Guest Columnist: Castles in the air

There are fantastical places within our imagination which hover somewhere between Heaven and Earth, well within our view yet just beyond our touch.

By
August 13, 2010 15:26
‘THE CASTLE of the Pyrenees’ by Rene Magritte, oil on canvas, 1959.

Magritte 311. (photo credit: Courtesy)

 
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Our family had the pleasure this past week – along with tens of thousands of other visitors – of viewing the newly renovated and revamped Israel Museum in Jerusalem. While a number of the exhibits, in particular the flagship Dead Sea Scrolls, remain the same, the museum as a whole is an entirely new and breathtaking adventure that must be experienced by all lovers of Judaica, culture and history.

Like all great art, the pieces now on display challenge the viewers to open their minds to new ideas and unexpected possibilities, dramatically jolting us from our staid and safe world of complacency and conformity into a refreshing re-examination of right and wrong, life and death, light and darkness.

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I found myself at times mystified and at times mesmerized by this $100 million, world-class beacon of inspiration, a genuine tour de force and lasting tribute to the many artists who pooled their talents in its formation, and in particular to the museum’s director and creative genius, James Snyder.

One of the artistic wing’s centerpieces is the magnificent oil on canvas Castle of the Pyrenees, painted in 1959 by Rene Magritte. It depicts a massive rock floating in the clouds above the sea, upon which rests a medieval castle. The artist, it seems to me, is suggesting that there are fantastical places within our imagination which hover somewhere between Heaven and Earth, well within our view yet just beyond our touch. Disconnected as they are from the ground we walk upon, floating above the waves, these castles represent that ideal home we yearn for, that splendid, safe and serenely spiritual haven we all crave but find elusively outside our grasp.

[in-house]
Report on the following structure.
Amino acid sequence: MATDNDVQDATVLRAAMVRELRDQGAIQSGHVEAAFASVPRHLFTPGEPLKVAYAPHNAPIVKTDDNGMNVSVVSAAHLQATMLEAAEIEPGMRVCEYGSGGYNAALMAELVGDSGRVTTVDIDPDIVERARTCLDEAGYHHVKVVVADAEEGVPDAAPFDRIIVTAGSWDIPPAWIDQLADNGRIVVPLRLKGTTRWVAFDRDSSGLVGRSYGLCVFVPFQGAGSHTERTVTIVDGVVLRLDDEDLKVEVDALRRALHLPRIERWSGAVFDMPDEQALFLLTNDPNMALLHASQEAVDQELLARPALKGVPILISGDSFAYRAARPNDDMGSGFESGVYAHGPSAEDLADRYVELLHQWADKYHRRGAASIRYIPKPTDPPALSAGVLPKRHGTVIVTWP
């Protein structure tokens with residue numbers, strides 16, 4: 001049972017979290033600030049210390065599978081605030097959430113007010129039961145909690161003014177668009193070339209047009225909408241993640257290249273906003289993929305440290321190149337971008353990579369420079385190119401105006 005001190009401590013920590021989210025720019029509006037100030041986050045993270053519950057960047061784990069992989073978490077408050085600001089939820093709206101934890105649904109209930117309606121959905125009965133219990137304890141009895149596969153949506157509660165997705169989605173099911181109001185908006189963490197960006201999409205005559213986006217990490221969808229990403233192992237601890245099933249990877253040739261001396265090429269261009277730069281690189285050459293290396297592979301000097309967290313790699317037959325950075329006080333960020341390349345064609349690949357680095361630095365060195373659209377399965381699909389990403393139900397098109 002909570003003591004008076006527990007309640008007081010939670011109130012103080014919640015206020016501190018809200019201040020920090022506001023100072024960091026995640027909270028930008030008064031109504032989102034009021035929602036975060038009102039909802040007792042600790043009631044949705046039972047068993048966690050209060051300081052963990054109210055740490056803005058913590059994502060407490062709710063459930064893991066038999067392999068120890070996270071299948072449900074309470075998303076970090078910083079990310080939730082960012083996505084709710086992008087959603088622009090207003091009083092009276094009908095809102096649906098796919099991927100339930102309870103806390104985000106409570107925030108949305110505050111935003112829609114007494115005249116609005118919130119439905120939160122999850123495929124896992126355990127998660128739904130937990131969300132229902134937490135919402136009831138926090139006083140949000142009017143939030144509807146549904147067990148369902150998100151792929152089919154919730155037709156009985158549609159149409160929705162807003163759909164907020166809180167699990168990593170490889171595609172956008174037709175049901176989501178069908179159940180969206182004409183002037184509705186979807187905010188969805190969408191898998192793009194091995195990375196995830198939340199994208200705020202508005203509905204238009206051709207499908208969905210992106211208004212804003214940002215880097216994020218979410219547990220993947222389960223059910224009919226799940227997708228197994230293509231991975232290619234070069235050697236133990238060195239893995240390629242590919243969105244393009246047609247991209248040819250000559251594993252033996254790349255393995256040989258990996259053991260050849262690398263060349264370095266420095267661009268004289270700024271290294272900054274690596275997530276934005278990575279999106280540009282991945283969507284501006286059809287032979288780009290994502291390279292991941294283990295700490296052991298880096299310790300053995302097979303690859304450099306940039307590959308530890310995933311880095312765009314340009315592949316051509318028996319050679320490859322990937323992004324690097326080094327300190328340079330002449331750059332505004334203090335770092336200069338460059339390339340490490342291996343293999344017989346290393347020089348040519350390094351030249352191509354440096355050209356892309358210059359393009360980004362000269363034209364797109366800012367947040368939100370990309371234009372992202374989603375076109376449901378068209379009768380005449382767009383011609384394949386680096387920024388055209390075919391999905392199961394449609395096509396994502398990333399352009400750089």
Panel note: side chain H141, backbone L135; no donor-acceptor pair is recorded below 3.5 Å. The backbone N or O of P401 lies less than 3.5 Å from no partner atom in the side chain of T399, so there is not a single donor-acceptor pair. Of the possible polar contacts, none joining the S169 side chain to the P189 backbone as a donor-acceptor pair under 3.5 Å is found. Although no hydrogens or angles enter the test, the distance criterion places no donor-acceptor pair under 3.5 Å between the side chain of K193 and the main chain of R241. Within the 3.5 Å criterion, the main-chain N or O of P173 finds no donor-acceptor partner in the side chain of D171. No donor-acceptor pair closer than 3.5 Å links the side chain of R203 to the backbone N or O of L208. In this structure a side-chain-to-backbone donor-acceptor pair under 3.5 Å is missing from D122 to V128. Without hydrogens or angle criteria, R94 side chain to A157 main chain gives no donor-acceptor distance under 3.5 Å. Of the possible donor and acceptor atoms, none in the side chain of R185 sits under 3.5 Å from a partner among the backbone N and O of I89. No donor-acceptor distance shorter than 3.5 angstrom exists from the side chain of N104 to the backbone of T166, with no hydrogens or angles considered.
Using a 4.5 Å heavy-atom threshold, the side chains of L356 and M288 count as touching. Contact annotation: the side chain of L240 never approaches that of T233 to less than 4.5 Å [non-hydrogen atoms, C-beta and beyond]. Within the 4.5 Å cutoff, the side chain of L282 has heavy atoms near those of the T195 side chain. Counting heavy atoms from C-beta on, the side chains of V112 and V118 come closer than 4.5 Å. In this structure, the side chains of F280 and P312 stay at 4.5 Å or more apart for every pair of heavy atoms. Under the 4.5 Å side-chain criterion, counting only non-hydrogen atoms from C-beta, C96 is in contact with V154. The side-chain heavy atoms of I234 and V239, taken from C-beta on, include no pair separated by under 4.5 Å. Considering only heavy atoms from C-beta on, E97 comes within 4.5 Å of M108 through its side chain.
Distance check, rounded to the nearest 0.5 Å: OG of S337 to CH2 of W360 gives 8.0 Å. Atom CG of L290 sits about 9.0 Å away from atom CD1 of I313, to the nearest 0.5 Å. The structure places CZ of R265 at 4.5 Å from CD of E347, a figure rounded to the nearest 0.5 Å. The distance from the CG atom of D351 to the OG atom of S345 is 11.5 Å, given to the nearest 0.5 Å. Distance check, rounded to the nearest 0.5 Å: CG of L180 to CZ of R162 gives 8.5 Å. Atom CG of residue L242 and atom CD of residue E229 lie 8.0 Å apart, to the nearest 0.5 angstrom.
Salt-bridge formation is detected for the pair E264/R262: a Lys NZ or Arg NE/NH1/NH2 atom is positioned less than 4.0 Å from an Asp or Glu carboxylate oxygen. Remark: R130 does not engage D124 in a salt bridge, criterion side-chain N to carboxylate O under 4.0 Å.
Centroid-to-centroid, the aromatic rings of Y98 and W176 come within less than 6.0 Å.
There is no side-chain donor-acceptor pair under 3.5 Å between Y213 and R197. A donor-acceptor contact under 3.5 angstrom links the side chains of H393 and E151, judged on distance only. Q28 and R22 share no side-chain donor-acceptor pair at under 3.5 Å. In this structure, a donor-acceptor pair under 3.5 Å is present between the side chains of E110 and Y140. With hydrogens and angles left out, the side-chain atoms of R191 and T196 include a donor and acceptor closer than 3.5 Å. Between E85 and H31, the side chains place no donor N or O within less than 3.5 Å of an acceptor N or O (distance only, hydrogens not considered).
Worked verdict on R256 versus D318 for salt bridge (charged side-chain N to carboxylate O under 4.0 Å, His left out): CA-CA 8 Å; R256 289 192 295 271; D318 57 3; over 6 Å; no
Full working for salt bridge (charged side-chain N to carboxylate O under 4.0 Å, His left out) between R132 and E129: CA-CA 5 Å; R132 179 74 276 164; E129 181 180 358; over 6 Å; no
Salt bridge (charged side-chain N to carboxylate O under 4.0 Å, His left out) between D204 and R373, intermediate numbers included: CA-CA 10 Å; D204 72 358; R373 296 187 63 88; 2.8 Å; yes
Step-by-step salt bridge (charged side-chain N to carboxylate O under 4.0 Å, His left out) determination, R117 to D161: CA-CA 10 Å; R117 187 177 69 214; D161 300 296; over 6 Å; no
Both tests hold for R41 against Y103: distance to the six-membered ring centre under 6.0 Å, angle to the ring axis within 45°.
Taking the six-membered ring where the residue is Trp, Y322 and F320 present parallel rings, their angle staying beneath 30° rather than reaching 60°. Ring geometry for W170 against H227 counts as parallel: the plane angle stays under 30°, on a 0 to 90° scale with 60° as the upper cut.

LATER THAT same evening, at midnight, we attended the Sound and Light show at the Citadel of David Museum along the walls of the Old City. A technological marvel for the eyes and ears to feast upon, it portrays, in music and vivid images, the history of the Holy City from its founding until today. The last scene projected upon those ancient walls, to my amazement, was a picture of the rebuilt city of Jerusalem atop that same gigantic rock, floating high above the earth.

And suddenly, in an instant, my mind connected the two images I had seen that day, and it all became clear to me.

Jerusalem, for so long and for so many, has been a Castle in the Air. An idea, an ideal. A faroff, majestic vision of a perfect, Divinely-inspired society where Man and God sublimely meet in religious harmony and bliss. A magical place where war and strife are unknown, where the great faiths sing their respective Hosannas in perfect pitch, where humanity’s potential to become “only slightly lower than the Angels” is finally realized.



Long before Jerusalem was captured by King David and constructed by his son Solomon, the Torah tantalizingly describes it as “the place where God’s name will reside.” And after its destruction and the exile of its Jewish population, the great religions lusted after it, dreamed about it and held it up as the planet’s greatest prize.

For 2000 years, Diaspora’s Jews turned to the eternal city in prayer and spoke of it with heartfelt longing at the deepest and most emotionally- charged moments of our lives: At our wedding ceremony, at the brit of our child, as the final act of the Pessah Seder and the Yom Kippur liturgy.